Another important non-verbal sign and message is gained by either eye contact, or lack of eye contact. Statistically, individuals who will not make eye contact are either lying or hiding something, or are not proud of something. Police and safety officers, as well as other specially trained individuals, have developed a system regarding how a person looks (whether up or down, left or right), and what that means. There are many tell-tale signs that body language indicates, especially when witnessed and evaluated by a trained professional. The concept of body language and its correlation to whether someone is telling the truth has even become the basis of a Fox Broadcasting series, "Lie to Me."
There is, however, the possibility that an untrained individual can misinterpret either actual body language, or what the untrained person believes to be a form of body language. Sometimes, an untrained individual is
"turned off," by a certain type of posture or movement, although the particular "gesture" has no actual "meaning" about truthfulness. Body language can certainly be of great assistance by a properly trained professional, but to others acts as nothing more than another "gut reaction trigger." It has meanings on a variety of different levels, and intentionally or inadvertently, provides many different meanings and feelings every day. Someone who really wants to utilize body language more effectively and accurately should therefore take courses to become better trained on what it means.
Friday, December 3, 2010
By Lorna Shanks
What's the basis for what you do? You are passionate about it.
If you are passionate about what it is you do, then openness and transparency is what your business strategy is all about. Right? Exactly!
It's human nature.. when you are passionate about what it is you do, and what you have to offer, then you want to tell the whole world about it.
So here's the dilemma... how come there are so many who keep what it is they have to offer a secret? "Opportunity" seems to be the buzz word for something being offered without giving details as to what exactly is being offered.
If there is a product, service or business venture that could really help people and enrich their lives, you want to let people know about it... get them excited about it, just as you are. Passion and enthusiasm cannot be contained.
Will people get excited about and buy into something that will benefit their health, make their life easier, or give them a proven system that allows them to work for themselves? Most likely they will. Will they buy into "an opportunity"? Pretty hard sell.
So the question is... why the secret? Is the passion not there? Are people afraid someone else will steal the idea or their potential clients? (Another topic for discussion.) What is it?
Sharing passion and enthusiasm... and being open about exactly what's available to help people and enrich their lives is a great thing to bring to the world. Let's hear about it.
Thursday, December 2, 2010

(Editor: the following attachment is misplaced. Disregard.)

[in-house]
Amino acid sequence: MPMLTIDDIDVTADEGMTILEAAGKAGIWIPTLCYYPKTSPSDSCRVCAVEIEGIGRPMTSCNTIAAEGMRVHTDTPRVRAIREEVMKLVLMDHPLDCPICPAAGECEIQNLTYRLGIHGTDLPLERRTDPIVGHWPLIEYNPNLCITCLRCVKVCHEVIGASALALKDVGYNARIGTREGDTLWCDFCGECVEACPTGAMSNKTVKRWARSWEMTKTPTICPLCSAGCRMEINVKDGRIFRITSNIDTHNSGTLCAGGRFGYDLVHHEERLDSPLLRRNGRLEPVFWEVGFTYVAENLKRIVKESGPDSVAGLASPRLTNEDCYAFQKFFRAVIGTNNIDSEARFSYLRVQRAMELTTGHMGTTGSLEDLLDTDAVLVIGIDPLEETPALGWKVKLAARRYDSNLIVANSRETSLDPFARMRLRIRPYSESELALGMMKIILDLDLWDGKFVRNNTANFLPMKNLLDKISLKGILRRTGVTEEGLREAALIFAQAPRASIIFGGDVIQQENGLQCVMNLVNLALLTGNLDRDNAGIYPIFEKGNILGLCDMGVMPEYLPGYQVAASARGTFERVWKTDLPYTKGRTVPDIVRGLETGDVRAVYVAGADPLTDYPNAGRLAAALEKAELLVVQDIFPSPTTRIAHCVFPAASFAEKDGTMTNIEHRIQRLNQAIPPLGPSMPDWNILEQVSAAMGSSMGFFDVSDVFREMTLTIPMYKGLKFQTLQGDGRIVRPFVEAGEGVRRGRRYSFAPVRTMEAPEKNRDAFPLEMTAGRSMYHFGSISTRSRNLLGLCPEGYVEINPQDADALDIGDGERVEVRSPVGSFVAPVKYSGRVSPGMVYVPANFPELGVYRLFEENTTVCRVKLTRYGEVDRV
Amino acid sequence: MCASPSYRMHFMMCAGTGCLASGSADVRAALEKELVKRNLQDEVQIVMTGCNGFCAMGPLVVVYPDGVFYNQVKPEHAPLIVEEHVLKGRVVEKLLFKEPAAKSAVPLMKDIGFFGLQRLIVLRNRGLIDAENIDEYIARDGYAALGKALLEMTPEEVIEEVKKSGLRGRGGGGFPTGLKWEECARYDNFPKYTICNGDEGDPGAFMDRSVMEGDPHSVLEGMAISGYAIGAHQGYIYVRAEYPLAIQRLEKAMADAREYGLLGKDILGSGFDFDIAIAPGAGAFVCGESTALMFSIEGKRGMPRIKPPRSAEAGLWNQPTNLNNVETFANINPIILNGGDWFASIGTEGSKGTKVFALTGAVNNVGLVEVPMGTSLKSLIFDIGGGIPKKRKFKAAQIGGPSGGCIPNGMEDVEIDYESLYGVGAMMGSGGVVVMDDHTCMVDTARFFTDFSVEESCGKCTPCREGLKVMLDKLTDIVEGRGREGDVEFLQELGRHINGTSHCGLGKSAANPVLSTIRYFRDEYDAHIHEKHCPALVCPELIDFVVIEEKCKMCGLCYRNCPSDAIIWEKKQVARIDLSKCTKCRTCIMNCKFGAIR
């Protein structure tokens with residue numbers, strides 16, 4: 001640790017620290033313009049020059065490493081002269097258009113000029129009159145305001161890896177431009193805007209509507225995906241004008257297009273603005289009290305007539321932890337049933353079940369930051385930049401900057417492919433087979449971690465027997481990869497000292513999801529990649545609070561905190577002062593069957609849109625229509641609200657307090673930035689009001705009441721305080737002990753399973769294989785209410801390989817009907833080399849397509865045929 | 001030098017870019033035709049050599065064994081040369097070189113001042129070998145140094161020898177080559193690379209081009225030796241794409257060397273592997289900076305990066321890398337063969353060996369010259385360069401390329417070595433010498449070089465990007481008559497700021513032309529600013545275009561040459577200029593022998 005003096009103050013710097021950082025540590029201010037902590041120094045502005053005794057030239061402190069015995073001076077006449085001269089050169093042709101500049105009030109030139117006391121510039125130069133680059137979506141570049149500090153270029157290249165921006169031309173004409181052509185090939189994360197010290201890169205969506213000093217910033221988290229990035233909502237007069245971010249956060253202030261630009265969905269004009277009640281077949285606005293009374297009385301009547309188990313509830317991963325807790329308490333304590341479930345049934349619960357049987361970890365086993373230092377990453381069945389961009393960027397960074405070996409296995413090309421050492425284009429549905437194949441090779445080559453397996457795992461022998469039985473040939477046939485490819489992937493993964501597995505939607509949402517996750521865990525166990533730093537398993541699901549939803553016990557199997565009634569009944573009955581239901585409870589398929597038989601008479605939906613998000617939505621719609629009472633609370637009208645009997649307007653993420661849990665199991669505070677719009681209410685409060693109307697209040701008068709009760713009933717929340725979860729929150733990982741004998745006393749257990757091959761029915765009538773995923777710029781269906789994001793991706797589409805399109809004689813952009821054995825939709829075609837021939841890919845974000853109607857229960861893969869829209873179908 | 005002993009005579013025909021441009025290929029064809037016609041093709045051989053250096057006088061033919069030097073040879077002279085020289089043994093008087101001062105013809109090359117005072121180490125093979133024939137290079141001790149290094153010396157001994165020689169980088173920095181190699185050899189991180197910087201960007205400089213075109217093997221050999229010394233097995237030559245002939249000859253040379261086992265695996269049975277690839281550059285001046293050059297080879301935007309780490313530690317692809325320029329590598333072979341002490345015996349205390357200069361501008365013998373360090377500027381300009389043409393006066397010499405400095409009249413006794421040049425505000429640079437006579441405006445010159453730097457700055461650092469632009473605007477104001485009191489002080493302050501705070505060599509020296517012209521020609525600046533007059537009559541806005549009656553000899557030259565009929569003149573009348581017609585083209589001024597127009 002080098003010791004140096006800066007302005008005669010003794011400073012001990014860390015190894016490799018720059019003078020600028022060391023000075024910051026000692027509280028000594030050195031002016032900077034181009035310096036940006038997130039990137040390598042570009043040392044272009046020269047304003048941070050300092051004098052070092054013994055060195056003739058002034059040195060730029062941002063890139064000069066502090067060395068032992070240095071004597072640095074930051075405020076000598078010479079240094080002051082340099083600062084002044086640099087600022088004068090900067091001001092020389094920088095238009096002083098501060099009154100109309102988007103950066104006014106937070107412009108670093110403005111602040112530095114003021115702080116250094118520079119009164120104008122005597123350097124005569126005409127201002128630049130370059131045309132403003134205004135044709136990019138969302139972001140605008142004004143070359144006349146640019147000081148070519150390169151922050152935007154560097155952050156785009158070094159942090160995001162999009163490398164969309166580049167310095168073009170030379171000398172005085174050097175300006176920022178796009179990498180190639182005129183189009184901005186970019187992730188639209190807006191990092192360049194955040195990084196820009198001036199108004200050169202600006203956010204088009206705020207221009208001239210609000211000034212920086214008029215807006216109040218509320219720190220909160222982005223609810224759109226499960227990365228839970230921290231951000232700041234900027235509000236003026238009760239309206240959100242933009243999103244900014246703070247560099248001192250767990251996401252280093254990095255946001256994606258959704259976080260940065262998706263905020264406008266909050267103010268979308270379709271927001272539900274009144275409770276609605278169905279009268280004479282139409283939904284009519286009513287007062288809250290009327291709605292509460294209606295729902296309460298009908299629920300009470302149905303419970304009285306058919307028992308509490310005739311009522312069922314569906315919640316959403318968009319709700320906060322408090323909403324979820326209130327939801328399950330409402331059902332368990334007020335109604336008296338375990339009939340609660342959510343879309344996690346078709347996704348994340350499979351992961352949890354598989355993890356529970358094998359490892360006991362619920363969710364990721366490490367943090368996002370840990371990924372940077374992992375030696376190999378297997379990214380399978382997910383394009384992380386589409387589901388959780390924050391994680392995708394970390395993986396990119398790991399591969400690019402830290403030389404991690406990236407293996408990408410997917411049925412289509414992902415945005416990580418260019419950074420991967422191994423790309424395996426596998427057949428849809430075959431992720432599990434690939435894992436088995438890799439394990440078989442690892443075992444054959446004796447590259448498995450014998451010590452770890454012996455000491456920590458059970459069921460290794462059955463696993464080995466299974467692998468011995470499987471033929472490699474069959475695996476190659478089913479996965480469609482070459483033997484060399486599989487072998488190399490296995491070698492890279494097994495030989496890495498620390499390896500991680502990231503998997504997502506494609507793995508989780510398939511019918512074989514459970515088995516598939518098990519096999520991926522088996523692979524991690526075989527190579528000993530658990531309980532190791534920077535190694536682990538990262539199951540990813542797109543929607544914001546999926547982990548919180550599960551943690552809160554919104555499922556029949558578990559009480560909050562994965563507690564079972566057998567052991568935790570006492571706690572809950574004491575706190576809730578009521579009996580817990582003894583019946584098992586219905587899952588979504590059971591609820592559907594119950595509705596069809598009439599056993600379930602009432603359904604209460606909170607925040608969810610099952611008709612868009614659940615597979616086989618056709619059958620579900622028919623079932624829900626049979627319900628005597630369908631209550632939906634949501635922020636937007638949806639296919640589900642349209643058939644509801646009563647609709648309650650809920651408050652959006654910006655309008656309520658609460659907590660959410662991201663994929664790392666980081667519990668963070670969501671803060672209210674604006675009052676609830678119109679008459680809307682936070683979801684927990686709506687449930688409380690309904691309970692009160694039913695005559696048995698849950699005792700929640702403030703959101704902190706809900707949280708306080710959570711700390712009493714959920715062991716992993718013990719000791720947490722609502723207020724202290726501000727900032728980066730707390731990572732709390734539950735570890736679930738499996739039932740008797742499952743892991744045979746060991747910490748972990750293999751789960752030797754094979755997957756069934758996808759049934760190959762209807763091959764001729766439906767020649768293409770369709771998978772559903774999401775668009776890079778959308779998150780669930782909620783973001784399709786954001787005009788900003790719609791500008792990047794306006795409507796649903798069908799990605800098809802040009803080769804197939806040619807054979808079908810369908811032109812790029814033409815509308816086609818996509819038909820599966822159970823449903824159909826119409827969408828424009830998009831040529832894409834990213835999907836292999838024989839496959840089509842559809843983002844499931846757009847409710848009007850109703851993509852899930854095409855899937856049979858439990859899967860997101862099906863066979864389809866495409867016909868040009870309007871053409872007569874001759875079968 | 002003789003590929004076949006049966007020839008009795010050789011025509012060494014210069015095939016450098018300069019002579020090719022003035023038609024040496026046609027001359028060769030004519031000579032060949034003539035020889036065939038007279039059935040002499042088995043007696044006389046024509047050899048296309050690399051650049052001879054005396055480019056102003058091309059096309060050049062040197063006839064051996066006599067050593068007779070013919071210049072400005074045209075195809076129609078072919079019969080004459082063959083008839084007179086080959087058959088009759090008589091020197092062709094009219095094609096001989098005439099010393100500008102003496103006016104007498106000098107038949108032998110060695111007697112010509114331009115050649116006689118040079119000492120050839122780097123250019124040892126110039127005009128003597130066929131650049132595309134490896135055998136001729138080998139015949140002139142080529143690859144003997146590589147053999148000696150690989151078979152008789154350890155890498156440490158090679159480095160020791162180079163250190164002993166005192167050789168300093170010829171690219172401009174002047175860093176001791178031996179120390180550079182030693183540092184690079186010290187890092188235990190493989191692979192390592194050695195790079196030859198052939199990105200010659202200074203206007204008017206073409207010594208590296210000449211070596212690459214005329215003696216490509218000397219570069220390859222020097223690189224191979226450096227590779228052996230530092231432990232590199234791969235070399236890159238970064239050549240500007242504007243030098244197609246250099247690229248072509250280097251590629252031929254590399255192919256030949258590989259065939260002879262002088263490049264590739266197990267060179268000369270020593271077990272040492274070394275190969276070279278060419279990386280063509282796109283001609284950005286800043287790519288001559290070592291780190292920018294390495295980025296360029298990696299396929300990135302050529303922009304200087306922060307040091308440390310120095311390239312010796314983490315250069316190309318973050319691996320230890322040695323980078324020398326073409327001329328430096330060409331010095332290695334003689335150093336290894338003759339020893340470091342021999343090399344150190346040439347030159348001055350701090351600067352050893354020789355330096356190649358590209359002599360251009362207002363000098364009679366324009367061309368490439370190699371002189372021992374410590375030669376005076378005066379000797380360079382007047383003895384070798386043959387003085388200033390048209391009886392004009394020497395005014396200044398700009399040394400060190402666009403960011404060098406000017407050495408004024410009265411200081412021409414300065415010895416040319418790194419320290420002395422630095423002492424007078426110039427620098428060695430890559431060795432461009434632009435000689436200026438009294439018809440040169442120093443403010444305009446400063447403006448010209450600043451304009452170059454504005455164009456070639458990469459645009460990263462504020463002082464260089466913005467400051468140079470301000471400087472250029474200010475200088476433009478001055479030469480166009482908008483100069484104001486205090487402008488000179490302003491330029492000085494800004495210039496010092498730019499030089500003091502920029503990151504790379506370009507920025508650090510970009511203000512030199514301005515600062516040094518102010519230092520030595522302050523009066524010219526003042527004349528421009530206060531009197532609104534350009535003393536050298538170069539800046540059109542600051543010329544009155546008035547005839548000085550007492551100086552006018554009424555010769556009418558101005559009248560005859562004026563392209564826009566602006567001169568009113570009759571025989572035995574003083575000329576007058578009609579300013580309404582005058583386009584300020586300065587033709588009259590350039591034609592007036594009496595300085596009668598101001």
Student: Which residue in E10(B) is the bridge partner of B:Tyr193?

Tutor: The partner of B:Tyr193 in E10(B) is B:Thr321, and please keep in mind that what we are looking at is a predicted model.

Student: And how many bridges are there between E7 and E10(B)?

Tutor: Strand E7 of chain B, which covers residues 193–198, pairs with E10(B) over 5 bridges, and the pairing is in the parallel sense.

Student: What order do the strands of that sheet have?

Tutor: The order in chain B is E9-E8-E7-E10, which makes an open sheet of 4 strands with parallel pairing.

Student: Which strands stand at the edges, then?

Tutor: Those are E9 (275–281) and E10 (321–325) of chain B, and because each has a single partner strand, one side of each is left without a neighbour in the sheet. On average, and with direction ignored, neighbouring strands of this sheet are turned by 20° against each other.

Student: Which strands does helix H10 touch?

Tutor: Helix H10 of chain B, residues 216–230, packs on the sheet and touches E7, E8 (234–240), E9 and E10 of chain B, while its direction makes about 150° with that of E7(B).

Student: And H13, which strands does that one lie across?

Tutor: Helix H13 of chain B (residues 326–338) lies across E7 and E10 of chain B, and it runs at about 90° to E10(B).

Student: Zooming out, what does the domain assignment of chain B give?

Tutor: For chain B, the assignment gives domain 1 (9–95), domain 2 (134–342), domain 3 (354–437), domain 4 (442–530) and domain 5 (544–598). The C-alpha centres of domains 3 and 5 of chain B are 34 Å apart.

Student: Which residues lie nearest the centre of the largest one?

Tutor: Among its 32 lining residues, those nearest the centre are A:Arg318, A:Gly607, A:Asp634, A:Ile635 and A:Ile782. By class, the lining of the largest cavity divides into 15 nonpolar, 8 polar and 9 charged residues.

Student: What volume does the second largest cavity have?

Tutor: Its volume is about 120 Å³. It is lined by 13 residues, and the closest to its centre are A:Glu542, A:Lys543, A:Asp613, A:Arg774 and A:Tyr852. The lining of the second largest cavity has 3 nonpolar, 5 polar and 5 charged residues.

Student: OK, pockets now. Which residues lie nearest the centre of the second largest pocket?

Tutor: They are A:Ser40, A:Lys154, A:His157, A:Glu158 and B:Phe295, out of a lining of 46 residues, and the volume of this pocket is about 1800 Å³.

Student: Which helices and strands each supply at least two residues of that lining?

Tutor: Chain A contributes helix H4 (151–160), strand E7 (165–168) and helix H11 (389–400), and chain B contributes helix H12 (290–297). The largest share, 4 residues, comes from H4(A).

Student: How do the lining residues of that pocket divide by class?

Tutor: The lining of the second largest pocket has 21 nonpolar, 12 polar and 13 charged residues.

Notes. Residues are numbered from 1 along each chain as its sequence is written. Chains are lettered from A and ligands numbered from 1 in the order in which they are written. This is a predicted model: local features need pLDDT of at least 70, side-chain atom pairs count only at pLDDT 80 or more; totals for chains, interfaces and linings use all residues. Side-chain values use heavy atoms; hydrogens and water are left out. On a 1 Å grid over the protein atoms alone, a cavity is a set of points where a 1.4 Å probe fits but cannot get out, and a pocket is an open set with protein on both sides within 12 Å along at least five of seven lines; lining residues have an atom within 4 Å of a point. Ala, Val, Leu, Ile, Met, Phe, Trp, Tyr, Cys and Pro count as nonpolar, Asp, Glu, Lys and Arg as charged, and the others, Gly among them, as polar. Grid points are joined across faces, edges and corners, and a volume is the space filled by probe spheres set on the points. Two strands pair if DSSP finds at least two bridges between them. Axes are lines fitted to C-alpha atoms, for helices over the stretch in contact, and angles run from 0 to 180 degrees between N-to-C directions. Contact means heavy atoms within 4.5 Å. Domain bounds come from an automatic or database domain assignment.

1.Take 60 seconds to think about your favorite moment at work.
2.Invite a new co-worker out to lunch.
3.Bring an extra dessert for your boss.
4.Eat perfectly ripened grapes.
5.Watch a YouTube video – search “Office Pranks”
6.Come up with a wild idea for the advertising department even if you aren’t in their department.
7.Buy donuts for everyone
8.Bring in orange juice for everyone
9.Find an awesome joke online, memorize it and tell it to everyone.
10.Don’t wear any underwear.
11.Bring in freshly brewed sun tea.
12.Make everyone a copy of your favorite music.
13.Have a paper airplane contest. Whoever’s plane goes the farthest gets an extra 15 minute break.
14.Wear two different colored socks, see if anyone notices. (step farther – different shoes)
15.Give a friendly wink and a smile at someone that you know won’t report you to HR.
17.Write a poem and print out a copy for everyone.
18.Make everyone gather for a group photo.
19.Compliment everyone that you interact with.
20.Ask everyone how they are feeling (really listen).
21.Bring in a plant for your desk (workspace).
22.Bring in stickers that a third grade teacher would have i.e. “You are Great,” and pass them out.
23.Ask all your co-workers for their best joke. The best one gets a cup of coffee or beer.
24.Create a “show and tell” every Friday.
25.Have a child paint the office a picture.
26.Stretch at your desk for five minutes
27.Bring in your old magazines and put them in the lunch room for someone else to read.
28.Laugh at yourself.
29.Give a copy of your favorite book to the employee who annoys you the most.
30.Celebrate everyone’s birthday – tailor it to their likes (note: do not buy a generic cake).
31.Dress up like it’s a party.
32.Celebrate a big contract or completion of a project by having music, dancing and a prize of a dinner for two.
33.Wash a co-worker’s car during your lunch.
34.Have a dress-up day on a random day (besides Halloween).
35.Switch jobs with someone in your department for a day.
36.Have a fifteen minute exercise break for the whole office.
37.Write a letter to the most famous person in your industry asking for one piece of advice.
38.Do a 1 minute relaxation exercise that makes you look weird (like yoga nostril breathing), but you don’t care because you’re relieving stress.
39.Have a coloring contest – it brings back the “kid in school” feeling.
40.Make a cup of hot tea for a co-worker.
41.Trade sweaters with someone of the same size
42.Bring in a carved design in a piece of fruit (what type of fruit depends on the season).